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  • $\begingroup$ This is generally good advice for custom races, in any setting. One thing I think you should add though is motivational variance. Some creatures like werewolves may run off of pure instinct and will as such have pretty much the same motivations all the time. Other creatures like elves may have different general motivations than people, but have a wide range from one elf to the next. Just because most elves act one way does not mean there are not exceptions, and including grey areas and exceptions helps keep the races from becoming too archetypal. $\endgroup$ – Nosajimiki - Reinstate Monica Sep 11 '19 at 14:44
  • $\begingroup$ I always slot werewolves in the "form and function" bucket, mentally, But that comes from there being so much about them in folklore. Instinct being built in to the shape of a wolf. Exceptions will of course exist. The key thing is to know your rules so you can at least make some sense when you break them. A character just doing something that is out of character makes for a poor story. If you can explain why they would behave that way is infinitely more interesting. $\endgroup$ – Paul TIKI -Monica come Home Sep 11 '19 at 14:47
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This is one of those wonderful opportunities where the cart actually does get to lead the horse...

Start by imagining the reveal! Anticipate writing that spine chilling scene when your character first becomes aware of what is behind the wainscot. What is the clue which starts to unravel the masquerade? It will have to be subtle enough that most people overlook it, but incontrovertible enough that the only possible explanations reveal your hidden world.

From that starting point, you as the author get to ride along with your character as they uncover the layers of subterfuge which conceal your secret society. As the character comes to question the "how"s or "why"s, you as the author get to create answers. ...and the fact that your supernatural elements are undefined leaves you plenty of latitude in the answers you create.

It can be a joyful process of discovery for you as the author, allowing your character to lead you ever deeper into the two-sided nature of your world. At some point, the creation process will probably outpace your character, as you venture off into creation stories and secret histories that the character never needs to know. That is not a bad thing. Your character has gotten you started but you get to flesh out your creation from an author's vantage point; adjusting and filling in your creation till it meets your story's needs.

This one of the funnest aspects of fantasy writing. Revel in the opportunity to explore!

Keep Writing!

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You've basically taken the first step by defining this as a wainscot setting. In reality adapting existing fantasy tropes for wainscot settings is actually really hard. Hiding a clan of trolls or vampires in the middle of a major city is a lot more difficult to make believable than making a custom race of beings that you can design from the ground up to blend into the urban setting.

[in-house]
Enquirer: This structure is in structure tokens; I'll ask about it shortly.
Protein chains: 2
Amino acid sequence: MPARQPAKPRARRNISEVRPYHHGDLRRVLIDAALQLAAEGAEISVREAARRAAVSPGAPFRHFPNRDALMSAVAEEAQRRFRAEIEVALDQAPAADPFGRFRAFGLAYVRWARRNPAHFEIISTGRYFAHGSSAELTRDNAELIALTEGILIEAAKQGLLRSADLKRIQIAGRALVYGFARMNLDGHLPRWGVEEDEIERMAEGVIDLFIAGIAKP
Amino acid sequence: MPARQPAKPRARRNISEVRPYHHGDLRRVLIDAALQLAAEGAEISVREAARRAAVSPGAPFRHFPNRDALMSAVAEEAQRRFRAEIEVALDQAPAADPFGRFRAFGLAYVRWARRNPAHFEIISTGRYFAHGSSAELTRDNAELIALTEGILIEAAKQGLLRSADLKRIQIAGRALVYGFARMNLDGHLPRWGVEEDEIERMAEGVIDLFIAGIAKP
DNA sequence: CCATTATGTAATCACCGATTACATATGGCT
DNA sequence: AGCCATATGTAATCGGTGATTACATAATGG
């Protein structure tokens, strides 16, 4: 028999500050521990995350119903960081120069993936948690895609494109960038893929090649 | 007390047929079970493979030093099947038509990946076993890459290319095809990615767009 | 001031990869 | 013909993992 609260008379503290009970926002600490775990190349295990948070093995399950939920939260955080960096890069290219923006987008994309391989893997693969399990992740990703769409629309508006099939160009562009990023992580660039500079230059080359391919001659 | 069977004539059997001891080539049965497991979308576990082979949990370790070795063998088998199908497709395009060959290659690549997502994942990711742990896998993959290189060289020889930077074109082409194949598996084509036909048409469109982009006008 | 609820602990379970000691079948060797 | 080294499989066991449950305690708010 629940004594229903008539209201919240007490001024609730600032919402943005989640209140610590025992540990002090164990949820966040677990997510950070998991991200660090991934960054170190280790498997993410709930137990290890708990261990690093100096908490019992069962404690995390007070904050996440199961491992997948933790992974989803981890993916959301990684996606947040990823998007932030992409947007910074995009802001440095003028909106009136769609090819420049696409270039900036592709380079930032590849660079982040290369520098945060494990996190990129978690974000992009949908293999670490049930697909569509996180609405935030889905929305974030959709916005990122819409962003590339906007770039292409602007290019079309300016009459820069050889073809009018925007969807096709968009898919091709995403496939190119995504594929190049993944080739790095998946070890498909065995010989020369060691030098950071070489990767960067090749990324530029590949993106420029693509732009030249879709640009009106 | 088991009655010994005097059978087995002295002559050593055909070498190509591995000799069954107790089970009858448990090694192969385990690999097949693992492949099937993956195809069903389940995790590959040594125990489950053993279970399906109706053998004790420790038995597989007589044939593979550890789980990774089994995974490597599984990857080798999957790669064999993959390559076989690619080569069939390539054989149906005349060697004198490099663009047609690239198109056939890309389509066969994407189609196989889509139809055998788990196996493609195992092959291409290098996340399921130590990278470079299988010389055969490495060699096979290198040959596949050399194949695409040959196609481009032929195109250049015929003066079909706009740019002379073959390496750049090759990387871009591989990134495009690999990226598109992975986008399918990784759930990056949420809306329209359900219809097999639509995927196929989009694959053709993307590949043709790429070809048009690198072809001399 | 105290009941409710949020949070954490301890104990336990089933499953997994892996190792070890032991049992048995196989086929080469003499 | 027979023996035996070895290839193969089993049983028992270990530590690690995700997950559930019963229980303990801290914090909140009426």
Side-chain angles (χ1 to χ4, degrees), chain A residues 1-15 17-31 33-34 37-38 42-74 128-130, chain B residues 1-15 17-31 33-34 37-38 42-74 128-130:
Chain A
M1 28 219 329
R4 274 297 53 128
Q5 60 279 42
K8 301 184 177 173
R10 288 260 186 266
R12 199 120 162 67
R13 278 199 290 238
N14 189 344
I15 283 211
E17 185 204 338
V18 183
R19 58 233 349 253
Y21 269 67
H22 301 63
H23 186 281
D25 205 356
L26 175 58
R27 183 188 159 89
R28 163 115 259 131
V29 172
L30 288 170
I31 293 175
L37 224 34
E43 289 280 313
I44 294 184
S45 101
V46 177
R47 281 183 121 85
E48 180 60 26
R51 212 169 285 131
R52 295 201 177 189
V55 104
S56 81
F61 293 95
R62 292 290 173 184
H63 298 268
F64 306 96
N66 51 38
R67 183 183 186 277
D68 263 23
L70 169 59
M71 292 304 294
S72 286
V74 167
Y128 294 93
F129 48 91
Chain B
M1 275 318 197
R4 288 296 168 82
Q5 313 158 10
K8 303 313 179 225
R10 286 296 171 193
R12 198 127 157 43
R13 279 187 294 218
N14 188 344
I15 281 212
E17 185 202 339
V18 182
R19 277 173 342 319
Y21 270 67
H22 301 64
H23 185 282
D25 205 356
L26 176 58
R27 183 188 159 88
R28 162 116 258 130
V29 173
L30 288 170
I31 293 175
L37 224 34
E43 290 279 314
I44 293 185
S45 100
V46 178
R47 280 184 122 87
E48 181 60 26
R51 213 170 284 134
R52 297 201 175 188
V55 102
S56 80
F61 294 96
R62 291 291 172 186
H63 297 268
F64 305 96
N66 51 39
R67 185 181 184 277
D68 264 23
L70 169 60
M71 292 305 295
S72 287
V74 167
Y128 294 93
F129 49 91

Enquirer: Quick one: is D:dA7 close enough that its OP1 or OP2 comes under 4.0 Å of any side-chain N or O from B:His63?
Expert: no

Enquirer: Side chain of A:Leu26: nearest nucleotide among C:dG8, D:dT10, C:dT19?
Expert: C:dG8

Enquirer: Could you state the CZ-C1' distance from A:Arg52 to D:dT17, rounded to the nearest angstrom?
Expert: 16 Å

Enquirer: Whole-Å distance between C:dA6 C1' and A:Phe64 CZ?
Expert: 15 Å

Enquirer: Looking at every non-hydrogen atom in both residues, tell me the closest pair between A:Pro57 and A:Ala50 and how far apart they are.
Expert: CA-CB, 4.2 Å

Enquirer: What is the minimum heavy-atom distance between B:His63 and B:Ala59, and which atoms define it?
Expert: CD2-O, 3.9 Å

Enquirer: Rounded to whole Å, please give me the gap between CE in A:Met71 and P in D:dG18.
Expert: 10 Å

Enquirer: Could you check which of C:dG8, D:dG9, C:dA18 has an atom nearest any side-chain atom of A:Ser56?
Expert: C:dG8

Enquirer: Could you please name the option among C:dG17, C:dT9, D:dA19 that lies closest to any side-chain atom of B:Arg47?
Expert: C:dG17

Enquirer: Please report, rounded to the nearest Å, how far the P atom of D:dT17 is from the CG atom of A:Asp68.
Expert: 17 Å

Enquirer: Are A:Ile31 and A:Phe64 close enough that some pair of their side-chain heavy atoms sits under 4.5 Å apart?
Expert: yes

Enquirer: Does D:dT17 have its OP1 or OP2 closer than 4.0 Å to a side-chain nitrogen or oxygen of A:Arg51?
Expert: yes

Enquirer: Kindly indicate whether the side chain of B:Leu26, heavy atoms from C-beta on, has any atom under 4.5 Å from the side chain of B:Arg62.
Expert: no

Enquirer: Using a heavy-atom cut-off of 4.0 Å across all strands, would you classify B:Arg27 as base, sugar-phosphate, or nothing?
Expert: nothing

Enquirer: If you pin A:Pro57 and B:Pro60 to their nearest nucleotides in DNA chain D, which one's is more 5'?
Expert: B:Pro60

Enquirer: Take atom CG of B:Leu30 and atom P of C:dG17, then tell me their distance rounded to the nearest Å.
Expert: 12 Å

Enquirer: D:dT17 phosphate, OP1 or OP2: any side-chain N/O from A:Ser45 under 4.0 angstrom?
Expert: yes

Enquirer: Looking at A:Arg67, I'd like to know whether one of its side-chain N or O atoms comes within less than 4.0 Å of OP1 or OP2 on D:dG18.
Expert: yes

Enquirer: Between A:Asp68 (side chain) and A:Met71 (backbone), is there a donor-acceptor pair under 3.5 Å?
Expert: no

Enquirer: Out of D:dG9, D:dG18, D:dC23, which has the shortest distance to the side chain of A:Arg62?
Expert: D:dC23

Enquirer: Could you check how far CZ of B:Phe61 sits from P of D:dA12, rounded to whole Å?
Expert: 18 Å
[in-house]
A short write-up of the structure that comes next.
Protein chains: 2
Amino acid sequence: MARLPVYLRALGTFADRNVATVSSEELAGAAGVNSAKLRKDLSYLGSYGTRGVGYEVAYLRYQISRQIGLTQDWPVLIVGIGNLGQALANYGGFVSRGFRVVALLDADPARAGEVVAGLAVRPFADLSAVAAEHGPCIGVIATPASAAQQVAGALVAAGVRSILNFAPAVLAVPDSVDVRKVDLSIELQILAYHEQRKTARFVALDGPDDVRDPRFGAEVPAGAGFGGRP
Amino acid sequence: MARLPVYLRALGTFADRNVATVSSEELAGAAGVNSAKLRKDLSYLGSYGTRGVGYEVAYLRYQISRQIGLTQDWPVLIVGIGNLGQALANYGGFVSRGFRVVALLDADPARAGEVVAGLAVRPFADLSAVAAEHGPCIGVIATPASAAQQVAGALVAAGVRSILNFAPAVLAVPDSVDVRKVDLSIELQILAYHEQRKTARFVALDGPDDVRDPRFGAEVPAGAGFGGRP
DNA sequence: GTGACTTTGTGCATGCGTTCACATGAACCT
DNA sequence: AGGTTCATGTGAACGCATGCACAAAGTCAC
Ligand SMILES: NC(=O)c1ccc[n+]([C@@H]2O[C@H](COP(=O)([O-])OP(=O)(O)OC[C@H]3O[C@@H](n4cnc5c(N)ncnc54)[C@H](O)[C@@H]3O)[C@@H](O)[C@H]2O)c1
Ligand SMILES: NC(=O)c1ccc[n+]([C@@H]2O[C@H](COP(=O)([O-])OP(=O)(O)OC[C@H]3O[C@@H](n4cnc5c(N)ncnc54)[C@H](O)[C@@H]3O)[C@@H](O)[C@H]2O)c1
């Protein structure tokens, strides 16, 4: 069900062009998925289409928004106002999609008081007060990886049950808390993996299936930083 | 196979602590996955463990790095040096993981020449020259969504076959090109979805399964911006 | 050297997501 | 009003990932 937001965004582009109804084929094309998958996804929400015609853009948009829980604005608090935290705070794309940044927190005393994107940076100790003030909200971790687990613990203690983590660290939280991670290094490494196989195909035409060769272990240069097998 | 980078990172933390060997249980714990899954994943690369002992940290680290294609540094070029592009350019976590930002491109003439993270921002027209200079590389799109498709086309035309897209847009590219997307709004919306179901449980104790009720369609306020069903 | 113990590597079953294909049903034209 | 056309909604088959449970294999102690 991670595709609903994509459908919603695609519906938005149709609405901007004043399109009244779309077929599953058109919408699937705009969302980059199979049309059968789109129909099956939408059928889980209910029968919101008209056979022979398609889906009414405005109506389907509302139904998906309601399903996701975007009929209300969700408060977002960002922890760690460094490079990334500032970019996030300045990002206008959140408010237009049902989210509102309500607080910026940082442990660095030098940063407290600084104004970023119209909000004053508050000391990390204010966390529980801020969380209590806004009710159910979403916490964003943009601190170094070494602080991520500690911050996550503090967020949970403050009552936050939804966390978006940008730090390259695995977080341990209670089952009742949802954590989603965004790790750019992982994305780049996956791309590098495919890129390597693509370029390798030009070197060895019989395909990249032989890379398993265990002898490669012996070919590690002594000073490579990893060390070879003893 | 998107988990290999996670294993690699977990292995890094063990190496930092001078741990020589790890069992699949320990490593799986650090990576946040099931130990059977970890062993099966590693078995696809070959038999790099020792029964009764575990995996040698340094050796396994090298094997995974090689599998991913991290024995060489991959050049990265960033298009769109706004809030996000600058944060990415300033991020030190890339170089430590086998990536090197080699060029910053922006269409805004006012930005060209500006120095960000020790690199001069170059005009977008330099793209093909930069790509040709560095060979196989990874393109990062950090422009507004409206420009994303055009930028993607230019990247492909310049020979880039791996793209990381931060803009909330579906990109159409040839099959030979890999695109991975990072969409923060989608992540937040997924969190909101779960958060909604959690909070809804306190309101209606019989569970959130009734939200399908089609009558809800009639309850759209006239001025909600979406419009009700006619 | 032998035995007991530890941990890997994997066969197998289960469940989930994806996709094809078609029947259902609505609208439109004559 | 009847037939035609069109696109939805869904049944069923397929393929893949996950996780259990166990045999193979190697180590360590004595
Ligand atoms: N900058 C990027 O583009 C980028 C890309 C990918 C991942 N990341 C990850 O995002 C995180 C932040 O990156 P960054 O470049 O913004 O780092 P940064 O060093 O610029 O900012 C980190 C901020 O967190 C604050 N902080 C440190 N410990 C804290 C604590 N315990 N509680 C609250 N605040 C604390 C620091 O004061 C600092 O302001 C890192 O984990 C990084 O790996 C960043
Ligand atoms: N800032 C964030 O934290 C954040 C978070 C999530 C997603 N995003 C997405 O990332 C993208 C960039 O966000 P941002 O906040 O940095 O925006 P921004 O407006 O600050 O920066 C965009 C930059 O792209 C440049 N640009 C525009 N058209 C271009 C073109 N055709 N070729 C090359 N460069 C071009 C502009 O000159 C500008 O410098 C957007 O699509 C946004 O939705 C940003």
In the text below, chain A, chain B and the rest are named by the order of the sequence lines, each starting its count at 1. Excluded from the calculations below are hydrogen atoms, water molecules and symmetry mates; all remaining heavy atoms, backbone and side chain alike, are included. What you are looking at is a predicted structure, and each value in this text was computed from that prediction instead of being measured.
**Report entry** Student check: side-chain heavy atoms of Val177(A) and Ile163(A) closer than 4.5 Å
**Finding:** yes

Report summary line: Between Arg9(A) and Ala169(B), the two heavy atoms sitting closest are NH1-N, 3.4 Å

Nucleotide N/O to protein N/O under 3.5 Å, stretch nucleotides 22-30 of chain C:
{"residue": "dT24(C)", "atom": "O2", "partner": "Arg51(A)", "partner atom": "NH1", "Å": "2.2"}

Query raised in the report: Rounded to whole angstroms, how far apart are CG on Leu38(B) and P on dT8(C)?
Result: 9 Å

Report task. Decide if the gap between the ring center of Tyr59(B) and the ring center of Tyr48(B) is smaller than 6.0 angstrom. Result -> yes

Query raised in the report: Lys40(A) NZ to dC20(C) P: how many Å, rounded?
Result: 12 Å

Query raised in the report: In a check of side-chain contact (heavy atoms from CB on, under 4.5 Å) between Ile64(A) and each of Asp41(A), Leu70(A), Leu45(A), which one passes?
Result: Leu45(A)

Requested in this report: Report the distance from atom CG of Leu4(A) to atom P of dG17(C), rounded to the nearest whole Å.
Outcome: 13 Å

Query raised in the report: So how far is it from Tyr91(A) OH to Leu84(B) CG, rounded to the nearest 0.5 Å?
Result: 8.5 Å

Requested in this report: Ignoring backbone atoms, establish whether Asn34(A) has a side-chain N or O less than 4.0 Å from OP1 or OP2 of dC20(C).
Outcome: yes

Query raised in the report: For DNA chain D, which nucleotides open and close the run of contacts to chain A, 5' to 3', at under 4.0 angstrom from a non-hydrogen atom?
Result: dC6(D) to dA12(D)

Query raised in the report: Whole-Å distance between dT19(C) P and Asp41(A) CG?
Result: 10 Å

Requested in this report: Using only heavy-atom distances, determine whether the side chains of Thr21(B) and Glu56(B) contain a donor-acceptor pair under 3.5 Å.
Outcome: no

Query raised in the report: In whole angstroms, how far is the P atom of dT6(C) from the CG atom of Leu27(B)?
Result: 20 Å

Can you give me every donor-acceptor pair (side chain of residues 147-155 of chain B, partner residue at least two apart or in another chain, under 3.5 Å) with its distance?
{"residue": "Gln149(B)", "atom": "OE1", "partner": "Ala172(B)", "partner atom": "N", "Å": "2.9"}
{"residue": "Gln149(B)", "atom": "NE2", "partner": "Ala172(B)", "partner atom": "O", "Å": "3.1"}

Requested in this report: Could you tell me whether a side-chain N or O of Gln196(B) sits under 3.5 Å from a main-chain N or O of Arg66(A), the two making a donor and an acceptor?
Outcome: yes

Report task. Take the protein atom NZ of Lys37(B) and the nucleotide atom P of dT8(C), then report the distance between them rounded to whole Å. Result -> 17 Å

By dictating that the supernatural will not live in plain sight, it immediately raises 3 very important questions: Why does the super-natural stay hidden? Where does it stay hidden? and How does it stay hidden?

Your answers to these 3 questions will tell you a LOT about the nature of the beings you need to create.

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I think your best choice would be to sift in the folklore tales of the different cultures, in search of some hidden gems that you could use as a starting point.

Consider that usually folkloristic creatures always share some points in common (small beings, shapeshifters, undeads...), but you can find also some interesting ideas to start.

Even if you want to create your creatures, you can draw a lot of inspiration from those myths, because they all revolve about creatures that live among humans, but that humans can't see, or can see only in some particular situations

A creature from folklore (or anyway, inspired from folklore) can soon give some ideas to work on:
- some ordinary people have clues about their existence (hence the existing myths)
- you already have an idea on why they want to stay hidden (they are very shy, they parasitize humans, they like to do tricks, they fear humans could steal their pot of gold, they are angry against humans because centuries before a human refused to dance with the daughter of their king...)
- you could have fun thinking how they would adapt to the modern world, or to a different culture (think Dracula, a Balcanic folklore creature in the Victorian England) - many of these creatures have very strange powers or shapes, which could allow for some original story-telling (think of Japanese yokais... or the tooth fairies as reinterpreted in Hellboy)

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  • $\begingroup$ This answer seems to be giving advice on doing exactly the things the question is explicitly trying to avoid. $\endgroup$ – vicky_molokh Sep 11 '19 at 6:23